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OT Parent’s Corner: As Mothers of Blind Children, We Want an OT Who…

By Amber Bobnar,

When my son, Ivan, was born we lived in Hawai’i. Ivan was born blind and with multiple syndromes resulting in the need for intensive Early Intervention therapies.

Our EI team had experience working with kids who had low muscle tone or kids who had speech delays, but blindness was new to them. As we heard over and over again, “Visual impairment in a low incidence disability.” In other words, blindness wasn’t something they had ever had to deal with before.

Our therapists often told us that they were “learning along with us” or that they were happy to be having this “new experience” (as if we should be proud to be lending them a new line to their resume), but in the end we became frustrated with their lack ofknowledge and we decided to move.

Our move to Massachusetts and involvement with the Perkins School for the Blind was a stark contrast to our experiences in Hawai’i. Most dramatic was our new Teacher of the Visually Impaired who came to our house once a week! But I also noticed that our new Occupational Therapist took a very different approach to Ivan than our old one had.

It made me think about what an OT needs to know before working with a child who is blind and what a perfect OT would look like to a family with a blind child.

I asked some other moms for their feedback as well and we came up with our own list. As mothers of blind children, we want an OT who…
Focuses on realistic and attainable goals.
This was by far the most important point to all of the mothers I talked to. Our first OT in Hawai’i looked at a chart, figured out what a child Ivan’s age should be doing and tried to get him to do it; our second OT in Massachusetts recognized that Ivan needed to work on certain skills first (like crossing midline) before he could work on more complicated goals (like holding a box in one hand while removing toys with the other). Focusing on the complicated goals is really just a waste of time if we don’t work on the foundational skills first – and, more than that, it can be really frustrating for a child to be asked to do something entirely out of their skill level. As one mom said, “Don’t waste a year on a goal my child can’t reach. Figure out why he can’t reach that goal and address that instead.”

Takes their time with my child
This is another important point, especially when working with children who are blind. Kids with visual impairments will take longer to process what’s going on around them, what’s expected of them and what the goals of a session are. It can take them a while just to realize who is in the room with them or what toy is being offered to them. Take your time and don’t rush through your session.

Can asses my child’s sensory awareness.
One mom told me that she often hears her son’s OT say that her son “just didn’t seem interested today.” When a child is either over or under stimulated it may seem that they just “aren’t into it” but maybe they just need help getting to a point where they can focus. “It’s an easy out,” my friend says. “An OT should be able to determine my son’s arousal level and use sensory strategies to get him to a point where he can be interested.”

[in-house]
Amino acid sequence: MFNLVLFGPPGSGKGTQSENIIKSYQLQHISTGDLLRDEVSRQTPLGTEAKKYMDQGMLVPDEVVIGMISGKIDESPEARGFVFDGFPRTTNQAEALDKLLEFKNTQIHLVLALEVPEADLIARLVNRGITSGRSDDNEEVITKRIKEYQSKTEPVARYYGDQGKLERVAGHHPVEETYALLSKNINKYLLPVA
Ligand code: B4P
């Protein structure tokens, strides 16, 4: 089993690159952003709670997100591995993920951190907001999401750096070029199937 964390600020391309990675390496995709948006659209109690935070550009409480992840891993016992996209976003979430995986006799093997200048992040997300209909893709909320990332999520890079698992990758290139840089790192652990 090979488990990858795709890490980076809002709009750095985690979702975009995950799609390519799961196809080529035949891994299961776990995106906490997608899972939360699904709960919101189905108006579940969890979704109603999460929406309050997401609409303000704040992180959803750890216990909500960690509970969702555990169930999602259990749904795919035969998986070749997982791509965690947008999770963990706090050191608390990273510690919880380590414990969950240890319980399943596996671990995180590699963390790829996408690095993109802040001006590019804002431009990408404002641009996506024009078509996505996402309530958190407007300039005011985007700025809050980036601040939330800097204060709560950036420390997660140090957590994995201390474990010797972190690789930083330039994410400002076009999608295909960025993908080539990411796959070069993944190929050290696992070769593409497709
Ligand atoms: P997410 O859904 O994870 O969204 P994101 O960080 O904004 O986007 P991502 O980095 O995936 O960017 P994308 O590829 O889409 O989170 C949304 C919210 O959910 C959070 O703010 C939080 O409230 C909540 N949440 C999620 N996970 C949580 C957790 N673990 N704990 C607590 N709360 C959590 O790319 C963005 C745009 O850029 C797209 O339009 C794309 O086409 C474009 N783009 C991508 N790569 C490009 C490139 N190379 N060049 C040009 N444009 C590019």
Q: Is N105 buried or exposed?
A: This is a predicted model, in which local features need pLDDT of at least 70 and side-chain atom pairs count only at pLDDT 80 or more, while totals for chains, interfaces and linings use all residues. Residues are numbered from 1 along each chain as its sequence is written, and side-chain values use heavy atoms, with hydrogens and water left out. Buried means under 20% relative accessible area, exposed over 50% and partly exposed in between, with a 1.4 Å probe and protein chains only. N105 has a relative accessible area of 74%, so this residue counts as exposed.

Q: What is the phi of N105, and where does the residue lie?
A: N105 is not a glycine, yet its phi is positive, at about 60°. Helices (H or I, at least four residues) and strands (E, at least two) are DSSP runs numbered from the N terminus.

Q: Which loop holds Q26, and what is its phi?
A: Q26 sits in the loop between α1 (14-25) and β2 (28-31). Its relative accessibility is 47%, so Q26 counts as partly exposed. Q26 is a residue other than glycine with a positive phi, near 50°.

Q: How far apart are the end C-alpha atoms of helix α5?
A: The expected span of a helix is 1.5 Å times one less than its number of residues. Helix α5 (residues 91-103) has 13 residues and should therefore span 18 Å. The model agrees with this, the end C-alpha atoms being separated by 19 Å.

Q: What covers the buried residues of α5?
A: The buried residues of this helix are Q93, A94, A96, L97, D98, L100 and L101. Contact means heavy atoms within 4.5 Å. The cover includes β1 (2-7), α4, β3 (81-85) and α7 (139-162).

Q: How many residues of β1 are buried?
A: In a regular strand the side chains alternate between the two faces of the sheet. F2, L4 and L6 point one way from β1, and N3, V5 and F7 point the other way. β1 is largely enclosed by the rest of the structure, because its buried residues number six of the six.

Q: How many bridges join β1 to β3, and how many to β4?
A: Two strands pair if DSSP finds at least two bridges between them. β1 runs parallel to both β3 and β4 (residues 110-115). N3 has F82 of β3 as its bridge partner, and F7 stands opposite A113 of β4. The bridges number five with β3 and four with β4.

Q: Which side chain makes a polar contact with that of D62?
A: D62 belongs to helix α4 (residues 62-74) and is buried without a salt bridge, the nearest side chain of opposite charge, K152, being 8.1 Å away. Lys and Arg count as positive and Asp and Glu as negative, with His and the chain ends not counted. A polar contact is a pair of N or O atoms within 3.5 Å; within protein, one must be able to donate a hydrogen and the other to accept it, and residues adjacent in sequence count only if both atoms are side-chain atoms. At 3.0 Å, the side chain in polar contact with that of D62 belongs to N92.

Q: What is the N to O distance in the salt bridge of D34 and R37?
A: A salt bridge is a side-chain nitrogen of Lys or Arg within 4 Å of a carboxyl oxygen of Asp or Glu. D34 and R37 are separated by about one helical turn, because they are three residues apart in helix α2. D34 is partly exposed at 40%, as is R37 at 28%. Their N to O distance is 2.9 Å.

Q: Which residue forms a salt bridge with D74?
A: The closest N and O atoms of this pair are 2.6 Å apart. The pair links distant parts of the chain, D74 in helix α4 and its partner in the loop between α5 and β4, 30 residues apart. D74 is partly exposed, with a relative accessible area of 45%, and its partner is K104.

Understands sensory motor integration.
When Ivan was in preschool we worked with his OT to develop a sensory motor plan that would help him focus during other sessions. Before his Compensatory Skills session, for example, his TVI would have him crawl on the floor so that he would get more feedback into his hands and arms. They would also brush his arms and hands and stretch his arms. This made a huge difference when it was time for him to read a book, feel the tactile images and follow a line of braille. As one mom said to me, “Brushing, weighted vests, stretching: All of these things can really help our kids focus if they’re used correctly.”

Incorporates goals into everyday settings.
Working on a goal for no reason can be difficult for any child, but kids who are visually impaired need that real life tie more than others. How is what you are doing applicable to real world situations? One mom pointed out that “when we work on meaningful goals that we can apply in day-to-day situations we’re much more successful. There are only so many things we can work on at once, so we might as well focus on the things that make sense to our daughter.”

About Amber Bobnar and
Amber is mom to Ivan Kapi’i Bobnar,  a delightful boy with LCA, a rare retinal disorder, When Ivan was diagnosed, Amber and her family were desperately sought for support and answers.  At the time she thought it might be a good idea to gather everything she found into one place – and was born!

In 2011 WonderBaby teamed up with Perkins School for the Blind in order to provide more features and support for families through the internet.  The original intent for the site was just to link to resources Amber found on the web, but before I knew it she was writing more and more about Ivan and all he had to teach us! She soon learned that other parents were experiencing this too… we all know that our children are full of wonder and they amaze us every day.  As we focus on teaching our children all they need to learn in order to be as independent as possible we are often surprised to find out that we are learning so much from them!
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